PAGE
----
Bring a Picnic, Watch the Show: Enjoying Gaza Assault In a Lawn Chair

Seven times in eight years, Israel has assaulted the Gaza Strip. For many in southern Israel, the massive airstrikes shattering the cities of their Palestinian neighbors in the latest attack make for a gratifying show and a nice day out for a picnic, writes Nissim Behar in France’s Liberation.

“Wait, who threw their egg sandwich in the fruit salad?” someone asks.

Less than a kilometer from the border with the Gaza strip, the Hazan family is watching the spectacle of war while enjoying a nice picnic lunch in the shade of a hundred-year-old-tree. Ezra, the father, Shoshana, the mother, and their three children, have set up here on the outskirts of Sderot, on a landscaped bluff with perfect views of the Palestinian enclave. In the distance: muffled explosions followed by giant columns of black smoke rising into the sky. In between helicopter raids, Israeli F-16 jets regularly rip apart the sky, flying toward southern Gaza to release their loads of bombs.

“I have been waiting for this operation for a long time,” says Ezra, “because those people have been making our lives miserable with their rockets. My kids are all between 7 and 12 years old, and they have never known a single week without an alert or a rush to the family shelter. For them, sirens are almost part of the landscape. That’s no way to live. Sometimes the alerts are so frequent that the youngest one pees the bed and gets eczema. Do you think the people in Gaza are the only ones suffering here? You’d be wrong; you have no idea how many people in the towns and villages surrounding Gaza are on anxiety medications or in therapy. If you were a pharmacist or psychologist around here, you’d be rich!”

During the conversation, Ezra’s children fight over the family’s pair of binoculars to view the explosions. At each strike by the Israeli warplanes, the oldest cuts loose a “Wow!” or a “Boul!” (‘Right on target!’ in Hebrew).

“Of course, what is going on over there is sad for the Palestinians, since there are undoubtedly plenty of fine people there,” says Shoshana. “But oh well, they voted for Hamas, right? So they have to pay the price!” Adding that she “doesn’t get involved in politics,” she goes back to making sandwiches.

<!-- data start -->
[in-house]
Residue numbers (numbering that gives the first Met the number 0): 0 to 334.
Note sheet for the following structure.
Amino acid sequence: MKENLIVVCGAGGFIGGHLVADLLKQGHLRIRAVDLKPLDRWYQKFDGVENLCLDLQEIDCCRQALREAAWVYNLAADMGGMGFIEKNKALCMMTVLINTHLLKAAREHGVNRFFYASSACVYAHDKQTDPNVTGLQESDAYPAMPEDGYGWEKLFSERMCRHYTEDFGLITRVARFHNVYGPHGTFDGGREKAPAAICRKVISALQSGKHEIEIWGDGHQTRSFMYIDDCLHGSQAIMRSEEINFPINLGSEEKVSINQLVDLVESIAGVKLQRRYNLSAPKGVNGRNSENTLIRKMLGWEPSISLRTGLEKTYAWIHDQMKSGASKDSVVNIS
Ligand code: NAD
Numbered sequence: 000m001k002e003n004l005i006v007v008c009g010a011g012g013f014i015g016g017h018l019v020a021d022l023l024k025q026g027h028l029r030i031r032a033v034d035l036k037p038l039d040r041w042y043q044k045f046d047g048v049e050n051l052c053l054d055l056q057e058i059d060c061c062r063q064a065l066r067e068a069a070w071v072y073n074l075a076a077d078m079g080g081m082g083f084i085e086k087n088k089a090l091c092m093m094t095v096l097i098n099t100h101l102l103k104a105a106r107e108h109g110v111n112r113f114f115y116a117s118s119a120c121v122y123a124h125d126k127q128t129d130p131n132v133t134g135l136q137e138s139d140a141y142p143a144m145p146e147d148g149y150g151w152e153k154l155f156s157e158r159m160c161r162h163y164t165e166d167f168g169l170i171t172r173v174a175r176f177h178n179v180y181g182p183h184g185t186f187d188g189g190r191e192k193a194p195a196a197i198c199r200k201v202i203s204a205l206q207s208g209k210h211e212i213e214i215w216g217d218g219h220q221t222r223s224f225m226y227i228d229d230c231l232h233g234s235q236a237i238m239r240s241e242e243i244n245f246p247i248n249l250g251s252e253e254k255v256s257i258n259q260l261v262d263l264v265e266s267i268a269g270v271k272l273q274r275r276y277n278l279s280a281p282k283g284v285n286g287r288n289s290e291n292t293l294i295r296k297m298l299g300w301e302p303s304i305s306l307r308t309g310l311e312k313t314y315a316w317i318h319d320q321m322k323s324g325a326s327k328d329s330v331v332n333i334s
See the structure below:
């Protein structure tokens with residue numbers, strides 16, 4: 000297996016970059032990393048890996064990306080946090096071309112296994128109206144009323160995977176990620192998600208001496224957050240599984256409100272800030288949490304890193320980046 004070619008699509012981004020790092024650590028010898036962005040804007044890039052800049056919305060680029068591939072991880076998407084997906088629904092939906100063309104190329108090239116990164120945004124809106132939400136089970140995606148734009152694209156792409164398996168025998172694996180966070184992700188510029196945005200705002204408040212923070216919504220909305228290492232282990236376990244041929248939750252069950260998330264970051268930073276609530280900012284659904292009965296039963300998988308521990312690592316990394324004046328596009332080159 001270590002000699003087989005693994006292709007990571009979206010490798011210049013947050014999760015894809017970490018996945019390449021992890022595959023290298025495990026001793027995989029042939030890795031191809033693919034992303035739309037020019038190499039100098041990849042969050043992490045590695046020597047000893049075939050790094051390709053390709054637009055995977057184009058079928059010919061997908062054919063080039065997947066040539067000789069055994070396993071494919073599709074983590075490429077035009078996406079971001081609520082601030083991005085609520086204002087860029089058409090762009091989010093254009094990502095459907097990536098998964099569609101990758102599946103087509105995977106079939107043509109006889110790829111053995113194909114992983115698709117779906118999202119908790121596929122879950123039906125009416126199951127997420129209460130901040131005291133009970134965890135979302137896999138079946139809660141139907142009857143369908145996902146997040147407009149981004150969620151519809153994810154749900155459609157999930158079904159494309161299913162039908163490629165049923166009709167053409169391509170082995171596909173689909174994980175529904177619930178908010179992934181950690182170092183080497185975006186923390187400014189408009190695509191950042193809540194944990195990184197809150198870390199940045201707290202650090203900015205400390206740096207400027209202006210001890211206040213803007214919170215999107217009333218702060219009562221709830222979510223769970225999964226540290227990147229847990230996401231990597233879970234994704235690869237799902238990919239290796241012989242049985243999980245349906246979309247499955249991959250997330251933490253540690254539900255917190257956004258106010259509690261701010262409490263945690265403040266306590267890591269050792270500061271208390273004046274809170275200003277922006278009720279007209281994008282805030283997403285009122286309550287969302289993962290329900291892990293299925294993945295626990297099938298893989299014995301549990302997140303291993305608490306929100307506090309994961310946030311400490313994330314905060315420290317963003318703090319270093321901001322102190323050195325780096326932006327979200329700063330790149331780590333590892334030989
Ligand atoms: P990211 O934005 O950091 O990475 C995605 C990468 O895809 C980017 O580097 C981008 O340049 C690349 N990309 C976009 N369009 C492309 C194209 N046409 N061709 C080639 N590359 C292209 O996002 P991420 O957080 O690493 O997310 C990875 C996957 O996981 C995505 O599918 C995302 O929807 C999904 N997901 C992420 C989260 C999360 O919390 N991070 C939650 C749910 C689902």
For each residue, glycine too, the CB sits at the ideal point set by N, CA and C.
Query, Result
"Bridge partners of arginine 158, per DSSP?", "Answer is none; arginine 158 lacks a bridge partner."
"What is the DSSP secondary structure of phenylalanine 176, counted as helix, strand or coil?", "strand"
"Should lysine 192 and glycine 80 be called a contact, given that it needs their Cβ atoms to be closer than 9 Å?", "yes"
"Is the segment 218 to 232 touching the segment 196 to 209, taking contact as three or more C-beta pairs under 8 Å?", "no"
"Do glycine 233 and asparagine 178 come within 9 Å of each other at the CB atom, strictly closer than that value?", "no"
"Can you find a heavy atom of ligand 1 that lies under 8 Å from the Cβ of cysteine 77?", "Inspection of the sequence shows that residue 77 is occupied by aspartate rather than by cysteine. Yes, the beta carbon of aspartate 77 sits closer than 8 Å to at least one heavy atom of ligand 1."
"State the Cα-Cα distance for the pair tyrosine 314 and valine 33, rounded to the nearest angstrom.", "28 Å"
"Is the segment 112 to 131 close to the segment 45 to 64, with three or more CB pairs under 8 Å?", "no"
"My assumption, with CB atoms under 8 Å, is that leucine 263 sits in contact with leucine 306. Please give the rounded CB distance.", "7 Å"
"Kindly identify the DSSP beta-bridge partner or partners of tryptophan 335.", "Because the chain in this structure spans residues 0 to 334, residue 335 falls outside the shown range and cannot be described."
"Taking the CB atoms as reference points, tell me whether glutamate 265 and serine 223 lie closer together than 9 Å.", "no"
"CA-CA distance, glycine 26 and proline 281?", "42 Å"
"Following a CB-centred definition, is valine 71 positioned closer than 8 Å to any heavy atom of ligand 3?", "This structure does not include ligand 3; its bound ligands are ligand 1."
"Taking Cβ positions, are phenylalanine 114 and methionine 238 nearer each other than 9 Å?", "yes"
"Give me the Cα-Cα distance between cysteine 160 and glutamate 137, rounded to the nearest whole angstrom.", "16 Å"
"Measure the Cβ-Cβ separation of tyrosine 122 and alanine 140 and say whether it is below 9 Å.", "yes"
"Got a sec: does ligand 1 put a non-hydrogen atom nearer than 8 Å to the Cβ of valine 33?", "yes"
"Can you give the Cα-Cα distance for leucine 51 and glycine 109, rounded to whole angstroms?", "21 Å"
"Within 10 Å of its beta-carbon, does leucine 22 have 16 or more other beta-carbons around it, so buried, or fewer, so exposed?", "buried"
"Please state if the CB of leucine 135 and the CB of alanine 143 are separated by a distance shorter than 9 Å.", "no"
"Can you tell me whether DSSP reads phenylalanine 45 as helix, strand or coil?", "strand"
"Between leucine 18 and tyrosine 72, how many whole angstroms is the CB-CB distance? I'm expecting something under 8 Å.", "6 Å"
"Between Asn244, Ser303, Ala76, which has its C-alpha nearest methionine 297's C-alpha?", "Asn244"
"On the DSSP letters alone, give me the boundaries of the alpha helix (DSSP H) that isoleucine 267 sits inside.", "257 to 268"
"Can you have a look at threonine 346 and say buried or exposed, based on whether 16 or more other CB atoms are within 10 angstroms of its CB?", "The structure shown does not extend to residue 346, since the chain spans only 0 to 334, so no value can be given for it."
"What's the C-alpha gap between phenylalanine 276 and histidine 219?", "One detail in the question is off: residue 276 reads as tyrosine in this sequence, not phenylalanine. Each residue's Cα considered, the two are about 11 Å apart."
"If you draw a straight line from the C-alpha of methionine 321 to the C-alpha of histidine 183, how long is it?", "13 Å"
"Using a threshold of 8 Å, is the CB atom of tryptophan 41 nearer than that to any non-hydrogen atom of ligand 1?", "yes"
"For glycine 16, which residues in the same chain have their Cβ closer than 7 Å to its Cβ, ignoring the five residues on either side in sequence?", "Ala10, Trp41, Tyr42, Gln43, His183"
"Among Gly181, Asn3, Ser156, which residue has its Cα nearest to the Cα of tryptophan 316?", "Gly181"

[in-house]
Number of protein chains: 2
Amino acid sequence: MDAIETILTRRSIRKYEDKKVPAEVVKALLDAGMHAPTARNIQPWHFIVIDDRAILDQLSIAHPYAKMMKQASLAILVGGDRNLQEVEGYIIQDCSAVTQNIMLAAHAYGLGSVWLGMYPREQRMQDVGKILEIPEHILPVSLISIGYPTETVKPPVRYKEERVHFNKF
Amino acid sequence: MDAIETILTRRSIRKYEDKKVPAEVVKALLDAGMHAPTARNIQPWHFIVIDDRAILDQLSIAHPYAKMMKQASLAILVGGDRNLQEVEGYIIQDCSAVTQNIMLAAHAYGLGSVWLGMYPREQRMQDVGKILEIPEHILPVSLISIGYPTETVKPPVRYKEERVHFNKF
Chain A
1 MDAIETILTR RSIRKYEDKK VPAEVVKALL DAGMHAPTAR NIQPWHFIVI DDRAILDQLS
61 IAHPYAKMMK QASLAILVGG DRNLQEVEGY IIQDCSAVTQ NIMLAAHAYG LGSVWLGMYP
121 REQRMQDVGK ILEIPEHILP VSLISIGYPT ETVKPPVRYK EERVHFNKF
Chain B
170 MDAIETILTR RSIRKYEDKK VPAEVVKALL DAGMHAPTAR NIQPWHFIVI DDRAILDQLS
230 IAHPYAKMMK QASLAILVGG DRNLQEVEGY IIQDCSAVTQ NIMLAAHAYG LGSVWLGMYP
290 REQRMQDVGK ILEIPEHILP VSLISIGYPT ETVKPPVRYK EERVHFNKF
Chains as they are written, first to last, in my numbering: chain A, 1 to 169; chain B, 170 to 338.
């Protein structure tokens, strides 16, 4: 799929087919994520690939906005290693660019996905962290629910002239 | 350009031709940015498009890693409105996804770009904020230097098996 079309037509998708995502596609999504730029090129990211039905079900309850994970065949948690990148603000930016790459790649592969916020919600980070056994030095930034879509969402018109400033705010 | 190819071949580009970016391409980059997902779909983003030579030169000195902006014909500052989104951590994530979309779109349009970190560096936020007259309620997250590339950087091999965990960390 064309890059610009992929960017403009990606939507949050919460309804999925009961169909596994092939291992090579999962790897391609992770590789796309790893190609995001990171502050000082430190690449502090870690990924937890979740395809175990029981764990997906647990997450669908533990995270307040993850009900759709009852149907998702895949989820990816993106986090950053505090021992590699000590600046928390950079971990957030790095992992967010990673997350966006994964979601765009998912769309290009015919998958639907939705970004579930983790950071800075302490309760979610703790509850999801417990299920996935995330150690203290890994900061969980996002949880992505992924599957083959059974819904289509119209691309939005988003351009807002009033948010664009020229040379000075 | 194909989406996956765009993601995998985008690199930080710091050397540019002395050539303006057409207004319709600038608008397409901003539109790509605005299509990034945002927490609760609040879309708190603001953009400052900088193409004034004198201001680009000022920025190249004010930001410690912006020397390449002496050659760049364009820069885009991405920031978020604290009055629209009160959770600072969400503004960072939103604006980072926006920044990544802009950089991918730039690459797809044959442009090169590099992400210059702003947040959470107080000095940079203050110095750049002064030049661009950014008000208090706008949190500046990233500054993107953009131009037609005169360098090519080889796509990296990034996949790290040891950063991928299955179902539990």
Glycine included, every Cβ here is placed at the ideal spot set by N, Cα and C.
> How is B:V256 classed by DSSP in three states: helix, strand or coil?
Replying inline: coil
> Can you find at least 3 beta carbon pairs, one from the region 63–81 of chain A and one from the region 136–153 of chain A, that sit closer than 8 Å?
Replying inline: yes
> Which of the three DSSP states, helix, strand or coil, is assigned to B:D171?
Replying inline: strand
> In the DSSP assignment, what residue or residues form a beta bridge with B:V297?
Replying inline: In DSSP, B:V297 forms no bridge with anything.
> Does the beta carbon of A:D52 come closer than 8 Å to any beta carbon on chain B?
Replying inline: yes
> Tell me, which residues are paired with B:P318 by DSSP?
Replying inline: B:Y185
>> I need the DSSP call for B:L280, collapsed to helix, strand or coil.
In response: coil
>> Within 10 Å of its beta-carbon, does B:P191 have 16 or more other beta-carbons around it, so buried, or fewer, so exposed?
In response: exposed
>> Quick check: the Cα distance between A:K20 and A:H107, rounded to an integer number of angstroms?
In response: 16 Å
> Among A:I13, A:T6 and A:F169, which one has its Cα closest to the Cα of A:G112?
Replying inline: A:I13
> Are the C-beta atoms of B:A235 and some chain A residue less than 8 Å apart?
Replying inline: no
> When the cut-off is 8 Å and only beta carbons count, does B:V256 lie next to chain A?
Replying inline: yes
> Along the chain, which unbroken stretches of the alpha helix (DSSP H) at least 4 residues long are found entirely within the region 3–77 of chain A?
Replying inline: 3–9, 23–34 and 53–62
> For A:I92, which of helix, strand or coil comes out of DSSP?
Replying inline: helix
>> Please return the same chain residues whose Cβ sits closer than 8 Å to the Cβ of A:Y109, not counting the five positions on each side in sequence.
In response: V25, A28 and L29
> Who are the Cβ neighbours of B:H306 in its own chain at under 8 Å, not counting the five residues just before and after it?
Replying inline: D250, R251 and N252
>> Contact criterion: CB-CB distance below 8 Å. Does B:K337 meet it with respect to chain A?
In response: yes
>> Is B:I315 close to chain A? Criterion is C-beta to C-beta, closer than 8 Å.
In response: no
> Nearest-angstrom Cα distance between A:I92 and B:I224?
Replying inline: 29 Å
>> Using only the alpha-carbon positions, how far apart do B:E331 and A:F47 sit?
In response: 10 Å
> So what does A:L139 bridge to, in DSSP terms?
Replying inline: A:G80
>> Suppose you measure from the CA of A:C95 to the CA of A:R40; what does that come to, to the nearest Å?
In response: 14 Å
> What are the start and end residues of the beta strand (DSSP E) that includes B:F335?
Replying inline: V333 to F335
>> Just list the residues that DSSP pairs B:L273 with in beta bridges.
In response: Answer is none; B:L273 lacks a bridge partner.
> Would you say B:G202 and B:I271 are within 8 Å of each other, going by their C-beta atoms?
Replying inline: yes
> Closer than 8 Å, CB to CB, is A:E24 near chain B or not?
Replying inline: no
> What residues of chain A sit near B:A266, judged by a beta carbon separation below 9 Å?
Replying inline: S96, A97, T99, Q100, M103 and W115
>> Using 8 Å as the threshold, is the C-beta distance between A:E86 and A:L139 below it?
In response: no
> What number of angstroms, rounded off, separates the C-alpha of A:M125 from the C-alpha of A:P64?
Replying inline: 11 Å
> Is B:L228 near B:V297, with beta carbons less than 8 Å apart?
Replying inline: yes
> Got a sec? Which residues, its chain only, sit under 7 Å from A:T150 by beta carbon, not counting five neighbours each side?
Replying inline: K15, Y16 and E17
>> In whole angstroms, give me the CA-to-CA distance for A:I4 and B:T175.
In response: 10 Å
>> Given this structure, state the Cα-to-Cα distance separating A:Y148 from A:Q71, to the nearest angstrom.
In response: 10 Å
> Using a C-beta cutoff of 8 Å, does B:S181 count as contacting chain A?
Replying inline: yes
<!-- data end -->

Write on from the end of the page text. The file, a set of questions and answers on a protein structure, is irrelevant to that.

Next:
In spite of the rocket alerts, a continuous parade of people passes through the Sderot overlook. There are retirees, vacationers, truckers: ordinary people who drop in to reassure themselves “that the government isn’t lying when it says that Operation Protective Edge is expanding,” as one of them says. Some bring along chairs, others, folding loungers. On Wednesday, it was the turn of the Economy minister, Naftali Benett, who dropped by to rub elbows in this strategically important place. Leader of the settler party Jewish Home, and strong supporter of a ground invasion of Gaza, Benett is certain there will be early elections in 2015, and he is already in campaign mode. He is here to shake hands with people and be photographed with columns of smoke in the background. “Israel will deal with every terrorist leader, one after the other,” he says, departing in a wave of applause.

Born in Tel Aviv, Eran Shirman, 49, had just started a Harley-Davidson tour of Israel the day Operation Protective Edge was launched. Relaxing on an inflatable mattress facing the outskirts of Gaza city, he slowly rolls handmade cigarettes, punctuating his sentences with long swallows on his beer. In his everyday life, he manages a couple of pizzerias in Bat Yam, a southern suburb of Tel Aviv; but while he is on vacation, he is playing a reborn beatnik.

gaza-sderot21Gaza, 2012. Photo: Anne Paq/ActiveStills.

“We live in a region where bleating about human rights has no place,” he says. “Whether it’s high intensity or low intensity, this part of the planet is in a permanent state of war. People are conditioned for that and are ready to accept it. That’s why they come up on this overlook with no shame: because violence is an integral part of their lives and it doesn’t shock them. For them, it is a show like any other.”

.

Nissim Behar Translated from French by International Boulevard